Whether, or not, a Greek exit from the Eurozone or a potential debt default is "the thing" that sparks the next major correction in the markets is unknown. Historically, such a widely "known" event is generally already factored into the markets and has much less of an impact when that event eventually comes to fruition. As Art Cashin suggested this morning: "I think China may be more important than Greece. Stick with the drill – stay wary, alert and very, very nimble."
It seems Goldman Sachs' conspiracy theory was right all along...
ECB'S COEURE SAYS ECB IS EVEN READY TO USE NEW INSTRUMENTS, WITHIN ITS MANDATE
GREECE COULD EXIT EURO, COEURE SAYS IN LES ECHOS INTERVIEW
This is exactly what The ECB wanted all along (and their leaders overlords) - all they needed was an 'excuse'. Or, in the parlance of Rahm Emanuel's times, "Let no Greek default crisis go to QE waste."
The unanticipated recent Greek political news flow and consequent market stress are addressed in our portfolio construction by the resilience we built into higher volatility scenarios and unexpected sources of turbulence. Indeed, the risk is not so much Greece but the structural illiquidity of the market which will exacerbate any moves up or down which should be part of the equation.
With the ATMs running dry and lines forming at gas stations and grocery stores, Greeks are understandably restless and have once again gathered en masse in Syntagma Square.
Referendum is a CYA by Tsipras & Syriza, but a deal is by no means the end of anything...
ECB Strikes Back: Threatens With Greek Deposit Haircut If And When ELA Found To Be "Illegal" On WednesdaySubmitted by Tyler Durden on 06/29/2015 13:34 -0400
The threats are flying fast and furious now. Moments after the WSJ quoted a Greek official as saying that Greece will not make its IMF bond payment, the ECB struck back when Bloomberg reported that the ECB would review the legality of Greek aid should there not be a deal, i.e., on July 1 post an IMF default. According to Austrian central bank Governor and ECB member, Ewald Nowotny, on Wednesday’s governing council meeting the central bank will decide whether it can continue to provide emergency support for Greece once current bailout program expires June 30, as the Wiener Zeitung originally reported.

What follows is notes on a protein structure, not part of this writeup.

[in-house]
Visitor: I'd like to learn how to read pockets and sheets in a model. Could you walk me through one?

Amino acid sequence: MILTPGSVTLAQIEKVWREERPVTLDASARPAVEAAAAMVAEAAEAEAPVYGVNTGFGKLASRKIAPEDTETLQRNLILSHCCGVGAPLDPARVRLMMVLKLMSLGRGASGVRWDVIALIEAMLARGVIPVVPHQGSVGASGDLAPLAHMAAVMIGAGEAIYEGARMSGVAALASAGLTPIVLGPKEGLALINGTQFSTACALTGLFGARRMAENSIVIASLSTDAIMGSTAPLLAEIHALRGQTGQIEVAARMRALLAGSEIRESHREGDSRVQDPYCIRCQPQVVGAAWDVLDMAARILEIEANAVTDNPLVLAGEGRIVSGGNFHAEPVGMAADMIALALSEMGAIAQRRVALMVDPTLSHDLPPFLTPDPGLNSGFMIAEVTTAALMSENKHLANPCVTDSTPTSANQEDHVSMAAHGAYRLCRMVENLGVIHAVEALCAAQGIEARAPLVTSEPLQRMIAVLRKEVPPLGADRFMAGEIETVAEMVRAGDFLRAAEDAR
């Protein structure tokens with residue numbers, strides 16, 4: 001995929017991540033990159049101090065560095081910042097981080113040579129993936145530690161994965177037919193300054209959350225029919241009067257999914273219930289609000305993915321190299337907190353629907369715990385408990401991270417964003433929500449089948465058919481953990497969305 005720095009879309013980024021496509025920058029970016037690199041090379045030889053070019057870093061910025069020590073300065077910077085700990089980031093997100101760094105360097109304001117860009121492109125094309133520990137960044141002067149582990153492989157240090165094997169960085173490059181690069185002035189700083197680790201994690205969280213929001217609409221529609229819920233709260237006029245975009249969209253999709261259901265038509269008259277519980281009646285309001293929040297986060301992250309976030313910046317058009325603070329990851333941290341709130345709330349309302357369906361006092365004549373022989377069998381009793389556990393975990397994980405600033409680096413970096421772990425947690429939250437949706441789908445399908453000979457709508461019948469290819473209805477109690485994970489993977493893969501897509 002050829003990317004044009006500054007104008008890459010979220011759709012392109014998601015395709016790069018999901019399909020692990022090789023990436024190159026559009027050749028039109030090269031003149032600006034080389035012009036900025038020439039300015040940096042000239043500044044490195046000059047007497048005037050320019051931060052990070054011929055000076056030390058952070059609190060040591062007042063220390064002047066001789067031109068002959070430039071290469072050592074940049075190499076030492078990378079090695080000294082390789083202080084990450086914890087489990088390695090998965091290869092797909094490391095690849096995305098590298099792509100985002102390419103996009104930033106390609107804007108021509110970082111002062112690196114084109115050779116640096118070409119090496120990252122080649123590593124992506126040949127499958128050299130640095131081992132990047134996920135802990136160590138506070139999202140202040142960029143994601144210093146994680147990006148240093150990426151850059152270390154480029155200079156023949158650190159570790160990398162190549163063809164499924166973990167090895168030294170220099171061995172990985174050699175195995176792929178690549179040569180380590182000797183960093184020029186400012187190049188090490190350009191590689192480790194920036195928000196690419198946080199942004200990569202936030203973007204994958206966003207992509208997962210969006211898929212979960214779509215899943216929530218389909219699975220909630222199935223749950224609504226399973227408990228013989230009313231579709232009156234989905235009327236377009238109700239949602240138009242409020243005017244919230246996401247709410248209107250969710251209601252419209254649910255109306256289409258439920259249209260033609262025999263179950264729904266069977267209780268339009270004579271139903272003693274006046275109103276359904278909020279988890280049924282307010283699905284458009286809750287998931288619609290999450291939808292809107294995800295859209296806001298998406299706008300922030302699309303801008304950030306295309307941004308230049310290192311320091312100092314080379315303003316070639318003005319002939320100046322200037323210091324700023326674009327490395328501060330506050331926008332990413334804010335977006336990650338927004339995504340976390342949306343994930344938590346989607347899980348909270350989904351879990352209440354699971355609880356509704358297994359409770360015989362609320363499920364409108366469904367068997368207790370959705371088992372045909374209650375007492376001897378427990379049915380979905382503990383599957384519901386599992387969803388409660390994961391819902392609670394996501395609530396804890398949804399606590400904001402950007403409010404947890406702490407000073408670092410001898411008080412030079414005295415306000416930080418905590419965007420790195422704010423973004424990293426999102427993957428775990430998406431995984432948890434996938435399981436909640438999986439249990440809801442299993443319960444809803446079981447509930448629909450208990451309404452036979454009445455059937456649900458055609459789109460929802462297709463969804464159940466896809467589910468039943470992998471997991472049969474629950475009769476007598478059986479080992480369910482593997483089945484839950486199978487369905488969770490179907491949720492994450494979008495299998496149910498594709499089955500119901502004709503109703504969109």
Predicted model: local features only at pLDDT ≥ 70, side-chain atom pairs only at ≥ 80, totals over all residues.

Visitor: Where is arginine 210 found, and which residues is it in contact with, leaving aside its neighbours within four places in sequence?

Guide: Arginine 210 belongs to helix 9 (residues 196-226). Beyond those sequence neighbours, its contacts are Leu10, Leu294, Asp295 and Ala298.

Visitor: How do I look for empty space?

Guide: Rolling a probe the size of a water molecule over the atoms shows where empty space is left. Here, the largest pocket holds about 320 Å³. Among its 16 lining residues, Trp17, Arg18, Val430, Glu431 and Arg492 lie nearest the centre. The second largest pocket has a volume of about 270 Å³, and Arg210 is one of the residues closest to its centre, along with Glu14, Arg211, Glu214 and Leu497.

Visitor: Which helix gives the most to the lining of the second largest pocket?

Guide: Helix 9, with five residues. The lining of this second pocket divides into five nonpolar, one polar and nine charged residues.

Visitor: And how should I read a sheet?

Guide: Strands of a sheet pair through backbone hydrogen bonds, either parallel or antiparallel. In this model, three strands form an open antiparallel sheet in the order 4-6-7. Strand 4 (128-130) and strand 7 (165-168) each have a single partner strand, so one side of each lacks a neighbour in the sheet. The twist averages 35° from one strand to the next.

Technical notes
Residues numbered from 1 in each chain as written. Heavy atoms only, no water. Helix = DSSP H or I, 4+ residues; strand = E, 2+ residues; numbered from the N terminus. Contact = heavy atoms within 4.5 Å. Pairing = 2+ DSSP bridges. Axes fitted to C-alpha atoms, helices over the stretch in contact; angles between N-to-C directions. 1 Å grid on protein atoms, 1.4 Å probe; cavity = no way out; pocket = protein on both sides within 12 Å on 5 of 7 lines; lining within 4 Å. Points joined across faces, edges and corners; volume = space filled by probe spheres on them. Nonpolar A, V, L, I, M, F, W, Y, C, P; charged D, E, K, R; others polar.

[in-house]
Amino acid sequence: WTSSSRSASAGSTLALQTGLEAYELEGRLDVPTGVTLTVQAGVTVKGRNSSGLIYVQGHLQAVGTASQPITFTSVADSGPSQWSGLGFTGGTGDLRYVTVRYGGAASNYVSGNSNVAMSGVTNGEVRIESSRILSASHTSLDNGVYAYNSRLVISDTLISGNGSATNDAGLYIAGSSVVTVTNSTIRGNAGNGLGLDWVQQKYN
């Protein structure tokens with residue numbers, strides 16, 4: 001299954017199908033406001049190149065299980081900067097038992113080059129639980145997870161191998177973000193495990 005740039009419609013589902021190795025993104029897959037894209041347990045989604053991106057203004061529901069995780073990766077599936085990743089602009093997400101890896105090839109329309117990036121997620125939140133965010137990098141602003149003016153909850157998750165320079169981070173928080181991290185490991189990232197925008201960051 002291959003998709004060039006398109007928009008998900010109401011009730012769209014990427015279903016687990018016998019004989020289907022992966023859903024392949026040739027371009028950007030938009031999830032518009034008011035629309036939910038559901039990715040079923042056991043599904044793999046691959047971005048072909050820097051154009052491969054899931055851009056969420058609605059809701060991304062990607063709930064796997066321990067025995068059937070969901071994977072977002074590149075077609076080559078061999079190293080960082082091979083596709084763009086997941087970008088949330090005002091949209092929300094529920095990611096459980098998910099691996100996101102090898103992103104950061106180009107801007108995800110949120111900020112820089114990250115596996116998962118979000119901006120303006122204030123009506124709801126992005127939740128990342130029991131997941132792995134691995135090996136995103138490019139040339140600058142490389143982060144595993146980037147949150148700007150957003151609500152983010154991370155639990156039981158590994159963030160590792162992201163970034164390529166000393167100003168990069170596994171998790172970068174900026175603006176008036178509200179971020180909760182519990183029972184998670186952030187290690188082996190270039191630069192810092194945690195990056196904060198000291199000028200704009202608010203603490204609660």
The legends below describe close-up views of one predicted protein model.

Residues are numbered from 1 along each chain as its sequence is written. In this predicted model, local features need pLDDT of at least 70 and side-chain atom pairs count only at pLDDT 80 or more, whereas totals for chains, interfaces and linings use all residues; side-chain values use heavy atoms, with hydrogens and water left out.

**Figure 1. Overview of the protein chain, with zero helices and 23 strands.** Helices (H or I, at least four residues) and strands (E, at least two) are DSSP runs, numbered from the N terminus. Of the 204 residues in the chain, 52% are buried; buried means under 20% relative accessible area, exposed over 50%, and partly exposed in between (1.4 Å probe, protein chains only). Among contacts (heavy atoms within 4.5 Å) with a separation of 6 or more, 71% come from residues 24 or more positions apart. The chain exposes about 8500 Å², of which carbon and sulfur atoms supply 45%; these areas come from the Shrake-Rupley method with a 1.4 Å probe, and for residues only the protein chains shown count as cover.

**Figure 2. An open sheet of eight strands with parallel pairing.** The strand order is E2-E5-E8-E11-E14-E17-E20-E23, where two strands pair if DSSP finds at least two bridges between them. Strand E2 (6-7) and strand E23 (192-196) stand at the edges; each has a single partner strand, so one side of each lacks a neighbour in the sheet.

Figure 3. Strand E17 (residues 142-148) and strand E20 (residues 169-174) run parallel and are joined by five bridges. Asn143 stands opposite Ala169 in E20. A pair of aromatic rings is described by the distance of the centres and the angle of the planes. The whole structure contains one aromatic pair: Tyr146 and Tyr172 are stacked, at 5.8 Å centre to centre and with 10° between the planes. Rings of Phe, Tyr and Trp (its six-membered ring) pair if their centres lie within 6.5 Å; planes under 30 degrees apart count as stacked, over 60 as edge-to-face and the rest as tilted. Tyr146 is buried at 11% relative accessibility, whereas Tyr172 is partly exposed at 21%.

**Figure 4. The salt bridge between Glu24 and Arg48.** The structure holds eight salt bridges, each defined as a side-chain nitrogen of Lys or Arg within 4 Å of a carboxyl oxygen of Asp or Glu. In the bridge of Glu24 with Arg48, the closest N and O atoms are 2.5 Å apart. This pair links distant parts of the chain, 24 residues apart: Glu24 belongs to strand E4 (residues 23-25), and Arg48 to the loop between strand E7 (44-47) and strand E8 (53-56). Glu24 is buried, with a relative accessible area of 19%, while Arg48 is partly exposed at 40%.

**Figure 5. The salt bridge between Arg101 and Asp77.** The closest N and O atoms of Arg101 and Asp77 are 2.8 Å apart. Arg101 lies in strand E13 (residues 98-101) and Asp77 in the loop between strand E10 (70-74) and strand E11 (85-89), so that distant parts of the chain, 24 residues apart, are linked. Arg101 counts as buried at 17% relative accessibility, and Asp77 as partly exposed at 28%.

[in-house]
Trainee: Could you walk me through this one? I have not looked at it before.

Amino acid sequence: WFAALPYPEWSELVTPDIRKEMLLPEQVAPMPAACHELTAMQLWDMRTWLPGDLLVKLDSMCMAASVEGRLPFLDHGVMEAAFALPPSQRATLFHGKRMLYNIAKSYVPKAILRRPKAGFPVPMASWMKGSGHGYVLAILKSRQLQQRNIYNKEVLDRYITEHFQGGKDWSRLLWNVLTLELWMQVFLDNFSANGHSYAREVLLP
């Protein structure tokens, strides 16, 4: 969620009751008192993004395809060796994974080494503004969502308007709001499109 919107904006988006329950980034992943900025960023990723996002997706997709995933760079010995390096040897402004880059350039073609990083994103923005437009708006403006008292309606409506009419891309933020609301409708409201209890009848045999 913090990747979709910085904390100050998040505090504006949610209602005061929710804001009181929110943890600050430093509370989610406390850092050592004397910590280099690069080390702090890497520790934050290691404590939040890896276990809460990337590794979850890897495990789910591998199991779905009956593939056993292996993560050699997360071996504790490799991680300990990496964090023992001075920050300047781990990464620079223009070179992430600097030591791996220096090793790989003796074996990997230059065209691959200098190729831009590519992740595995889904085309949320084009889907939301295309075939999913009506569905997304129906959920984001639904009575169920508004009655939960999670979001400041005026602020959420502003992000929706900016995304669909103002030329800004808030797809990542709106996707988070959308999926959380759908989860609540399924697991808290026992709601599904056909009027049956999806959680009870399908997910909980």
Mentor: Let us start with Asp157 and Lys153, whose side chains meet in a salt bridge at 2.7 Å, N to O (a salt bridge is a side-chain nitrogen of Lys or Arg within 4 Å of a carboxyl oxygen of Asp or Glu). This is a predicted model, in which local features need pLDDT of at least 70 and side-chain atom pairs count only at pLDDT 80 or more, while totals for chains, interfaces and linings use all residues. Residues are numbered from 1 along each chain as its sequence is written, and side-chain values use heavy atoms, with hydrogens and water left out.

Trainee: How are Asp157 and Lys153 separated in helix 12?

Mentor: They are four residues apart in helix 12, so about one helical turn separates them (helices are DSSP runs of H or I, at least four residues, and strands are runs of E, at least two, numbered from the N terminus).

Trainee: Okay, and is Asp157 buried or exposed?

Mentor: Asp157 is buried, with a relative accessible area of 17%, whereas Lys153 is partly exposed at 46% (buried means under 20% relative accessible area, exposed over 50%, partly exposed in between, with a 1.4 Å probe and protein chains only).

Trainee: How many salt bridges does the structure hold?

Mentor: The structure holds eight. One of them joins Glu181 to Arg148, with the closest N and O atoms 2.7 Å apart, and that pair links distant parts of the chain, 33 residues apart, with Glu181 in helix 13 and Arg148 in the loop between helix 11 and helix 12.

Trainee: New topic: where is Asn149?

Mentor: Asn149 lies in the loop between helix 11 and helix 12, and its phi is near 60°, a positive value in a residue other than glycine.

As Foretold In 2010, Greece Was GUARANTEED to Default Regardless Of Any Aid It Received and These Countries Have Similar IssuesSubmitted by Reggie Middleton on 06/29/2015 12:57 -0400
Regardless of what package the Troika (or China or Russia) would have ever given Greece, the endgame would have always been full tilt default. This can be mathematically proven. There are also about 14 other countries with similar characteristics - all easily seen with just a modicum of insight and research. Just as easy is the ability to avoid the inevitable capital controls and bank bail-ins that the Greeks are subject to now.
According to Germany's FAZ, "the Greek Court also estimates that the referendum will cost around 110 million euros, according to a well-informed policy analyst. Money that in view of the strapped Greek Checkout simply will not be there, even if the country saves a EUR 1.6 billion full-scale default to the International Monetary Fund this Tuesday."